Phosphate Mining Severe Environmental Impacts


Over the past seventy years, Florida’s phosphate industry let many man-made severe environmental accidents occur one after another over the years, causing serious environmental impacts to pristine “one of a kind” ecological regions of Florida. The Florida taxpayers are also paying for the court costs, attorney fees, and the like while the court battles continue daily between federal and state environmental agencies versus Florida’s industry officials.


The Peace River watershed lies in west central Florida about forty miles east of the Tampa Bay area. Florida’s Peace River was declared an “endangered river” by “American,” a non-profit organization committed to protecting and restoring North American rivers.

The central Florida region holds unique pristine watersheds, marshlands, bogs, and other freshwater naturally occurring filtering systems. Watersheds are areas of land with waterways that flow to a common destination. Most of the region’s drinking water is pumped from aquifers that are “recharged” from the watersheds described above.

Phosphate plants across central Florida display severe environmental damage to Florida’s landscape which naturally contains diverse unique flora and fauna. Phosphate fertilizer production plants destroy the Peace River watershed. Many phosphate plants are located within 40 miles of the Tampa Bay Area and located over one of the largest phosphate rock deposits on Earth. This area also holds the only geo-hydrolgical ecosystem (landscape) of it’s kind anywhere!

This fact is easily seen in practice about 40 miles due east of Tampa, FL on Hwy. 60 east near Bartow, FL and about 20 miles east of Brandon,FL on Lithia Pincrest Road called the New Whales plant, or in Riverview, FL on Hwy. 41 south of Tampa, FL. All of these dangerous fertilizer plants are massive and cover tens of square miles each.

At the turn of the twenty-first century, Florida’s phosphate industry produced ($1,130,000,000) or $1.13 billion dollars worth of (phosphate based) fertilizer and was exported from Florida making it one of Florida’s leading export commodities”, says the Department of Environmental Protection Services.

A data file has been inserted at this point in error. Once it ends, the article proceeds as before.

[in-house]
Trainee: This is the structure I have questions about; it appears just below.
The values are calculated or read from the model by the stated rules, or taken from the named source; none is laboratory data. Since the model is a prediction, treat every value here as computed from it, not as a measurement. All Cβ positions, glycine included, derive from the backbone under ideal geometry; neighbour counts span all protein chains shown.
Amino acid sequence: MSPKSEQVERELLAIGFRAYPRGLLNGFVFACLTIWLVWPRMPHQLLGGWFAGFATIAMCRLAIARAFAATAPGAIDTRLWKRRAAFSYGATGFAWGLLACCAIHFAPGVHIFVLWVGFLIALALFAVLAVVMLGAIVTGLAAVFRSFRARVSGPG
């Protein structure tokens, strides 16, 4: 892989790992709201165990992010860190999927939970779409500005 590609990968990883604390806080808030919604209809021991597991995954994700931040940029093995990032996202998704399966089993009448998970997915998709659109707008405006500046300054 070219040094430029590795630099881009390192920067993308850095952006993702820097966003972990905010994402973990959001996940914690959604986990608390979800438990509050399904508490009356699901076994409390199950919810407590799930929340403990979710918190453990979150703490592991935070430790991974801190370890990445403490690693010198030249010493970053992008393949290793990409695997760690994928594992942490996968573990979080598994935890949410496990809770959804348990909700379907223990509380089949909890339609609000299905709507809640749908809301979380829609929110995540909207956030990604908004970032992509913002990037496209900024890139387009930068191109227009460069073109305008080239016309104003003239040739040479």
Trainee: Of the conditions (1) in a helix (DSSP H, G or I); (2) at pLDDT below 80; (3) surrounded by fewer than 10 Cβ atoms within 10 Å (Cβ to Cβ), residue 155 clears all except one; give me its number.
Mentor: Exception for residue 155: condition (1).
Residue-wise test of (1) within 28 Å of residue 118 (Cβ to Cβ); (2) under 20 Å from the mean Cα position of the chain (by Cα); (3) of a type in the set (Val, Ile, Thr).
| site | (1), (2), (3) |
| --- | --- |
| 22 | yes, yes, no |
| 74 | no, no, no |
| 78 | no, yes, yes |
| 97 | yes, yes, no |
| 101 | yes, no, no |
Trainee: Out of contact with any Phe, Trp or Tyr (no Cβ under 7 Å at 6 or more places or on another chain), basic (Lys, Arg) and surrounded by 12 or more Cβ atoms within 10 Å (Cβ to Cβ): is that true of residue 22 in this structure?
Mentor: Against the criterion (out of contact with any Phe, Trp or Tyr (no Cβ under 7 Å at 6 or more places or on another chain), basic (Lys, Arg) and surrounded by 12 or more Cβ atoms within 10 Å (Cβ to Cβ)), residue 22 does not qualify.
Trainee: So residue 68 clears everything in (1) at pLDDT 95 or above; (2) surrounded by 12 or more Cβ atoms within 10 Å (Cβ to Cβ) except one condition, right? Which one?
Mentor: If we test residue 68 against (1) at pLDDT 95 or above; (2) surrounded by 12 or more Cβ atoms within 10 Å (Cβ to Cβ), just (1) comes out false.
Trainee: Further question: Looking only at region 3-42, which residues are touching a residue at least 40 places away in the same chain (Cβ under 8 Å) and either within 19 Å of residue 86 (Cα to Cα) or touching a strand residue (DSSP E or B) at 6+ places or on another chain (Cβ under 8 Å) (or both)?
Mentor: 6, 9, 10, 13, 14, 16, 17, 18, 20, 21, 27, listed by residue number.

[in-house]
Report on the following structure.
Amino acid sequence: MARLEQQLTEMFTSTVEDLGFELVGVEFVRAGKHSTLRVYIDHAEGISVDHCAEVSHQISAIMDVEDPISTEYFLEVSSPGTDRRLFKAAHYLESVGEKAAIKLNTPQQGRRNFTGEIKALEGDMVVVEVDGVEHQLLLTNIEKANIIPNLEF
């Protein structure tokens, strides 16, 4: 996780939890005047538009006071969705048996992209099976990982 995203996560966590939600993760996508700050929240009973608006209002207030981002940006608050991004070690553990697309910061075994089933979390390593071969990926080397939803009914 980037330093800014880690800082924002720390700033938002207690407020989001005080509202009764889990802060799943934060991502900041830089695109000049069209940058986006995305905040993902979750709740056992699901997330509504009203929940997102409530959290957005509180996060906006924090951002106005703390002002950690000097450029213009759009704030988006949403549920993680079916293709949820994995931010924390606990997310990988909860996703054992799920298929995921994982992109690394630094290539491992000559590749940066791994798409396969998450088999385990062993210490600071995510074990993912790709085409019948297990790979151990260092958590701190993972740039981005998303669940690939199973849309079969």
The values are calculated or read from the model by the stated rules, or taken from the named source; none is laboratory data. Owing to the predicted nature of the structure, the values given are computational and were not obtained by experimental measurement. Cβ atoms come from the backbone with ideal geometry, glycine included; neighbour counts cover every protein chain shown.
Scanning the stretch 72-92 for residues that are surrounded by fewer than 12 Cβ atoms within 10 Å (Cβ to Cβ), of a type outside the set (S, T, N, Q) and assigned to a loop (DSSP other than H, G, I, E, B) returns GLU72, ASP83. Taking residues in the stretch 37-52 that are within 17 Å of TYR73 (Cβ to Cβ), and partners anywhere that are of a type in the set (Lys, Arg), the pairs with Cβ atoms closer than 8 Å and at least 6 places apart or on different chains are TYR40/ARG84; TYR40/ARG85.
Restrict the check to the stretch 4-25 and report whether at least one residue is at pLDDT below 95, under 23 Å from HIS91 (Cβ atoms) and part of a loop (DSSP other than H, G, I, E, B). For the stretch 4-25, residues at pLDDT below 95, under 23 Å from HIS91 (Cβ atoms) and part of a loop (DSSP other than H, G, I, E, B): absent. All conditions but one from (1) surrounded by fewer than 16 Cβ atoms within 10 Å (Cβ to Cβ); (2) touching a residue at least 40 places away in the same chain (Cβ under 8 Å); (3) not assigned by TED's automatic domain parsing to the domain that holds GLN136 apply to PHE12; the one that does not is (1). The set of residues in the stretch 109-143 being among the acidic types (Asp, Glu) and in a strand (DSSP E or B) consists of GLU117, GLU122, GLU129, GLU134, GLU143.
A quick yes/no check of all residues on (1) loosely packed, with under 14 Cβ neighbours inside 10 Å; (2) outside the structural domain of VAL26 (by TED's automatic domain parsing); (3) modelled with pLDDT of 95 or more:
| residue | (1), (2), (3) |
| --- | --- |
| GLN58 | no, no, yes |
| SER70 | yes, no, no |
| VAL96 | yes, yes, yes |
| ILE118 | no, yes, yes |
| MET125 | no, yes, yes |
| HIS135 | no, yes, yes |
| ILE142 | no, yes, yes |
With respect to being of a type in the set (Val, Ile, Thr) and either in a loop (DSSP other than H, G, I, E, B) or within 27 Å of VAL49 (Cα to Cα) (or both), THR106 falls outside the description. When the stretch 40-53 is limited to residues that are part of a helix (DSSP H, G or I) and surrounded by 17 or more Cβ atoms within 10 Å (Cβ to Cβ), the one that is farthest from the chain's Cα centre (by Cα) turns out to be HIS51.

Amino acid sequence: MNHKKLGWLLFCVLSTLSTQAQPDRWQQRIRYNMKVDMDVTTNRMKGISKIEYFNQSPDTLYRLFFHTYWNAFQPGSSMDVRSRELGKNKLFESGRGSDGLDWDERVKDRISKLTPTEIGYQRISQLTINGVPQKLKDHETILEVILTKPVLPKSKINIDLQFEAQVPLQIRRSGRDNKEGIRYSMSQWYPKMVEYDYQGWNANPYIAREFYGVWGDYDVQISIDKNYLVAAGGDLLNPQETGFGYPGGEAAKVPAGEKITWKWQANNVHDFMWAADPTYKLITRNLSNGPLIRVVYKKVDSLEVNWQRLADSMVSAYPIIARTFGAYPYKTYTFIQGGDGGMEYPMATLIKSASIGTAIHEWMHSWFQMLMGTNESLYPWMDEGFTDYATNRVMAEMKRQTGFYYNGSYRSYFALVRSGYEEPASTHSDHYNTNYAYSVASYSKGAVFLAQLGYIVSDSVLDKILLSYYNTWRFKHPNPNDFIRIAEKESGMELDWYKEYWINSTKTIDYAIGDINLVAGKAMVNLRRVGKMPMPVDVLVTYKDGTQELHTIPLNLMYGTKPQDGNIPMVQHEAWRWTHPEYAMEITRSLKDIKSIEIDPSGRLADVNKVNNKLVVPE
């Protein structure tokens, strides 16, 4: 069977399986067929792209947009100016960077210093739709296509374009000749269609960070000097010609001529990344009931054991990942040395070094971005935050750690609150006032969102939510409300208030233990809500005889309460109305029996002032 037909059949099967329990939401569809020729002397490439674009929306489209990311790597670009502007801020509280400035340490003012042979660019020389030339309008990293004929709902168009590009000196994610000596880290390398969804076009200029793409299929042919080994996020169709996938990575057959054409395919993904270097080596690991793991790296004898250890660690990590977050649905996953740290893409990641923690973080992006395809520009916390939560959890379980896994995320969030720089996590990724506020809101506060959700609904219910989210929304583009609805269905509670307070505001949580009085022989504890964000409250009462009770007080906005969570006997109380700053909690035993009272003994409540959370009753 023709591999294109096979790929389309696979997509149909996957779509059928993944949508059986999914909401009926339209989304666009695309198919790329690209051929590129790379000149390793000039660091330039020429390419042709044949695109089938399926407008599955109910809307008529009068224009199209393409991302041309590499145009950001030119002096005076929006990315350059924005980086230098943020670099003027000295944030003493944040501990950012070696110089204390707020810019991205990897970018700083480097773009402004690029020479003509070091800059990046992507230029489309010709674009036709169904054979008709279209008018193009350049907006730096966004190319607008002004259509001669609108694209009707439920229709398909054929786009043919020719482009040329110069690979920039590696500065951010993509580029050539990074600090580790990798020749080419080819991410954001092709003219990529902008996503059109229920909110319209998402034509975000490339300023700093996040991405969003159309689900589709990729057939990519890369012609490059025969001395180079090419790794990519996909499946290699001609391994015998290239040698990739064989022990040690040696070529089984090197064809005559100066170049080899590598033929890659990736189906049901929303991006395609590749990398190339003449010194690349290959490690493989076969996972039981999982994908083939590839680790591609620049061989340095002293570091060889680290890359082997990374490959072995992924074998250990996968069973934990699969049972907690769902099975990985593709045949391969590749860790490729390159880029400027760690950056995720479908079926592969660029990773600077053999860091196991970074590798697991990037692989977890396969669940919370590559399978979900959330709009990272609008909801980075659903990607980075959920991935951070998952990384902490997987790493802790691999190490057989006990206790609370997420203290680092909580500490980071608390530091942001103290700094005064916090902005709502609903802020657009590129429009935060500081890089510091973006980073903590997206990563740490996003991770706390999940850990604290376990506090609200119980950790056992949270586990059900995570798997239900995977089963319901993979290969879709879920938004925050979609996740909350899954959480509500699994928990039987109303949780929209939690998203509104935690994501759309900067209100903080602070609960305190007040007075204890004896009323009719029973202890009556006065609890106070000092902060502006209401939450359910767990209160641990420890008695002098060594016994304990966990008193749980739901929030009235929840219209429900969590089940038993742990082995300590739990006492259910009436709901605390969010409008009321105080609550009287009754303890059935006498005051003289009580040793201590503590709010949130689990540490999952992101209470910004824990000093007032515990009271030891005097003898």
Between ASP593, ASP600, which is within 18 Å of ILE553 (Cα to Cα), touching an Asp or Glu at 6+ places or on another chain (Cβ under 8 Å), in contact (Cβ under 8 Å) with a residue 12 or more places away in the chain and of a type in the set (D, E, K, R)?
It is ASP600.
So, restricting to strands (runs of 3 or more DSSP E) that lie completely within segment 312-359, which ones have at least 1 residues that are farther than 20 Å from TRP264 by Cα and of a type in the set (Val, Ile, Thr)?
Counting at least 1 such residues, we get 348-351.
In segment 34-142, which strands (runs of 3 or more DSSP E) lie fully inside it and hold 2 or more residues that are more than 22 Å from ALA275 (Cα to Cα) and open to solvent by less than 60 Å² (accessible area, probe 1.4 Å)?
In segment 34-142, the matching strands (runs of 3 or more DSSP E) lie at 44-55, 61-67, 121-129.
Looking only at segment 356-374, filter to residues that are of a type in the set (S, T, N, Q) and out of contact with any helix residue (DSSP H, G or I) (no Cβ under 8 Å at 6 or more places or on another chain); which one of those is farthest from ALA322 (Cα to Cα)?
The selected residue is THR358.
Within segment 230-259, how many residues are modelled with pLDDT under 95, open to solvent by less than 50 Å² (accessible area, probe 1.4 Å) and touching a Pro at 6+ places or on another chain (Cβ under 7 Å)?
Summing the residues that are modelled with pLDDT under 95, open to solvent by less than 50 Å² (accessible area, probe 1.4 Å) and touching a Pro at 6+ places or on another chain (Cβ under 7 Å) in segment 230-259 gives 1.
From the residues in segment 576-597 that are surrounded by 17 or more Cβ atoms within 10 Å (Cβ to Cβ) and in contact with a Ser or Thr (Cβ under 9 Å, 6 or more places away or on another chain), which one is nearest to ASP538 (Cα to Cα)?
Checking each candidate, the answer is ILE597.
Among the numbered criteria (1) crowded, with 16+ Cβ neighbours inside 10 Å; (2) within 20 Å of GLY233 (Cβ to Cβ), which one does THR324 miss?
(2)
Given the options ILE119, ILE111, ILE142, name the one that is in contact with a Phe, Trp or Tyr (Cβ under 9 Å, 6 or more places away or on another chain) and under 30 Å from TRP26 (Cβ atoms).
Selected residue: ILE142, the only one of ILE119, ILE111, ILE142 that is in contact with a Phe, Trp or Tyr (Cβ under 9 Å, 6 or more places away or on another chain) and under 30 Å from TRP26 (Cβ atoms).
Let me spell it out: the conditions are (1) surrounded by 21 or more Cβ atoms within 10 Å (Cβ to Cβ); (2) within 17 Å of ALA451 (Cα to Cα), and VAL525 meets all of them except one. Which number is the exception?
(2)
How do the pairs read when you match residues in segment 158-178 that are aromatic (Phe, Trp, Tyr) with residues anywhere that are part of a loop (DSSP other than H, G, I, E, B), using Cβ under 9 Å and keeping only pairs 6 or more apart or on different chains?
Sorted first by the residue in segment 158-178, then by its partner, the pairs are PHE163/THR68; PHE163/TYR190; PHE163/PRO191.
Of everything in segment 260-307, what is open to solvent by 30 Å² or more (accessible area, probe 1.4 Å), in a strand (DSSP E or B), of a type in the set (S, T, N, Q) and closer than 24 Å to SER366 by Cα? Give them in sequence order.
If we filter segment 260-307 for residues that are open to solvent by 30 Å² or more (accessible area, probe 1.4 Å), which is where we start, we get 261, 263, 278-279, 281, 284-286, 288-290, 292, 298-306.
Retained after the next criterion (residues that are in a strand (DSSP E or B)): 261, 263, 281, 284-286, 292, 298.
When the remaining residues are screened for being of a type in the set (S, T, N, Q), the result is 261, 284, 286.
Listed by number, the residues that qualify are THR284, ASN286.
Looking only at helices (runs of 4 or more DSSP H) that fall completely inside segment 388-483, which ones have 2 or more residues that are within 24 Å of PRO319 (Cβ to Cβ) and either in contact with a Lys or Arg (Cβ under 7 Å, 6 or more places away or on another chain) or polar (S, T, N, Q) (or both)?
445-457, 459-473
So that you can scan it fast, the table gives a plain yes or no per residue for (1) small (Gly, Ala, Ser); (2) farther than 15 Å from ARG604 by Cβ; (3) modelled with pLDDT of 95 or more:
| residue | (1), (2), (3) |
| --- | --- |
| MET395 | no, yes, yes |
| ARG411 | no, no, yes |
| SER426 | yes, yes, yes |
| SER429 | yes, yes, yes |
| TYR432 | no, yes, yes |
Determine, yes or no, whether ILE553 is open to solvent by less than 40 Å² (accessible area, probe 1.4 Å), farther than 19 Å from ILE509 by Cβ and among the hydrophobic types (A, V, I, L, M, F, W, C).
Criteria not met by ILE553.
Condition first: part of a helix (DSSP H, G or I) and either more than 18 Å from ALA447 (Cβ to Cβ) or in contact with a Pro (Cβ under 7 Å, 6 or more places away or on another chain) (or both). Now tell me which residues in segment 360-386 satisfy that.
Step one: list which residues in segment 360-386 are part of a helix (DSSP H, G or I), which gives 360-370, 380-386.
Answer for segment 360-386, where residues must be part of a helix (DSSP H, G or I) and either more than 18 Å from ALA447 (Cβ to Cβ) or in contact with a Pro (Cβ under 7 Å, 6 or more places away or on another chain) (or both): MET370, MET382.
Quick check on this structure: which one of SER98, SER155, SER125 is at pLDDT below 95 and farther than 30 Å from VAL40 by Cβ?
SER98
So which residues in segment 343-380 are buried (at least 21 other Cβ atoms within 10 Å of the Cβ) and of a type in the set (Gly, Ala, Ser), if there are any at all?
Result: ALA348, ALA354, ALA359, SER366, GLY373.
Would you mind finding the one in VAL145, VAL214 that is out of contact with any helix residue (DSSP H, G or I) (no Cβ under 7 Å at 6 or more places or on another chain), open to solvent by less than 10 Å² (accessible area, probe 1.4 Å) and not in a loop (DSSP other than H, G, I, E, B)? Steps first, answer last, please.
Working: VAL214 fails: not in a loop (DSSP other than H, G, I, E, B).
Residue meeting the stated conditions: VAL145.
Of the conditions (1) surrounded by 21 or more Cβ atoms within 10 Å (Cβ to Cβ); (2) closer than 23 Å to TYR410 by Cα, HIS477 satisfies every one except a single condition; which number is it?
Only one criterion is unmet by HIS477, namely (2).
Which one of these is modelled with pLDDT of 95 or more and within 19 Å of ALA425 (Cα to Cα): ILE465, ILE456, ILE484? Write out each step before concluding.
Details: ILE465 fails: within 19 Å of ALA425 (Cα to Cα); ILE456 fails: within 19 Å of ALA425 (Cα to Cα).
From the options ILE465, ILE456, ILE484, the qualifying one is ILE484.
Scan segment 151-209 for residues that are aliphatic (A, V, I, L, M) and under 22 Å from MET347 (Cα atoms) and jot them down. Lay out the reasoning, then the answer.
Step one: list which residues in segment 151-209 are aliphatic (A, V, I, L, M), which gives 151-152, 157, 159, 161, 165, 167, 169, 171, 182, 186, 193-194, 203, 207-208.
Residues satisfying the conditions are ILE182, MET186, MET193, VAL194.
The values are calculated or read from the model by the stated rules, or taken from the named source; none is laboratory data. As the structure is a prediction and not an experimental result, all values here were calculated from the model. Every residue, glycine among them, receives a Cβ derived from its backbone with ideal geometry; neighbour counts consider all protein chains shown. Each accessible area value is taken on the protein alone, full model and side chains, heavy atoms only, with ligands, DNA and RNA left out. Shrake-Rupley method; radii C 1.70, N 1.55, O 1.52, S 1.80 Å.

The Florida phosphate strip mines display irreparable environmental damage to Florida’s landscape because the earth’s surface is being entirely removed to a depth of some fifty feet.

Phosphate industry practices surely disrespect the sovereignty of Florida’s Public Trust Doctrine. Florida’s phosphate industry practices also illustrates the industry’s cavalier attitude concerning reclamation projects and is known to be poor envoronmental stewards of the Florida landscape.

Is Florida phosphate rock more valuable than Florida’s fresh water reserves, watersheds, and aquifers? Florida politics and a phosphate strip mining industry displays it is, every day!

Florida’s Phosphate Mining Linked To Sinkholes

The United States Geological Survey (USGS), believes areas prone to sinkholes are located under the southwest central Florida earth and can be induced by large amounts of water consumption (Phosphate Strip Mines). This area covers over a thousand square miles in southwest central Florida.

These sinkholes form based on the rock types, aquifer formations, watershed destruction, and the lack of ground water. This is based on hydraulic pressure created by aquifers.

Thus, the lack of water pressure from watershed destruction causes the surface (Overburden) to become unstable and collapse in some cases. Unfortunately, loss of life and property can occur upon a surface collapse.

Again, evidence points to the phosphate industry in the form of sinkholes caused by watershed formation destruction and the loss of hydraulic surface pressure the formations create.

Phosphate Is Radio-Active

Phosphogypsum Stacks Cover Central Florida
Phosphogypsum Stack

Phosphogypsum Stack

Radio Active

Phosphogypsum stacks are 100's of feet tall and can be as large as a square mile. These stacks are full of slightly radio-active material and strong acids.

Phosphate Overburden (Waste)

Phosphate Overburden (Waste)

Phosphate Spoil Piles

In 2003 the Florida phosphate industry as a whole, strip mined (4,501) acres of virgin Florida natural treasures.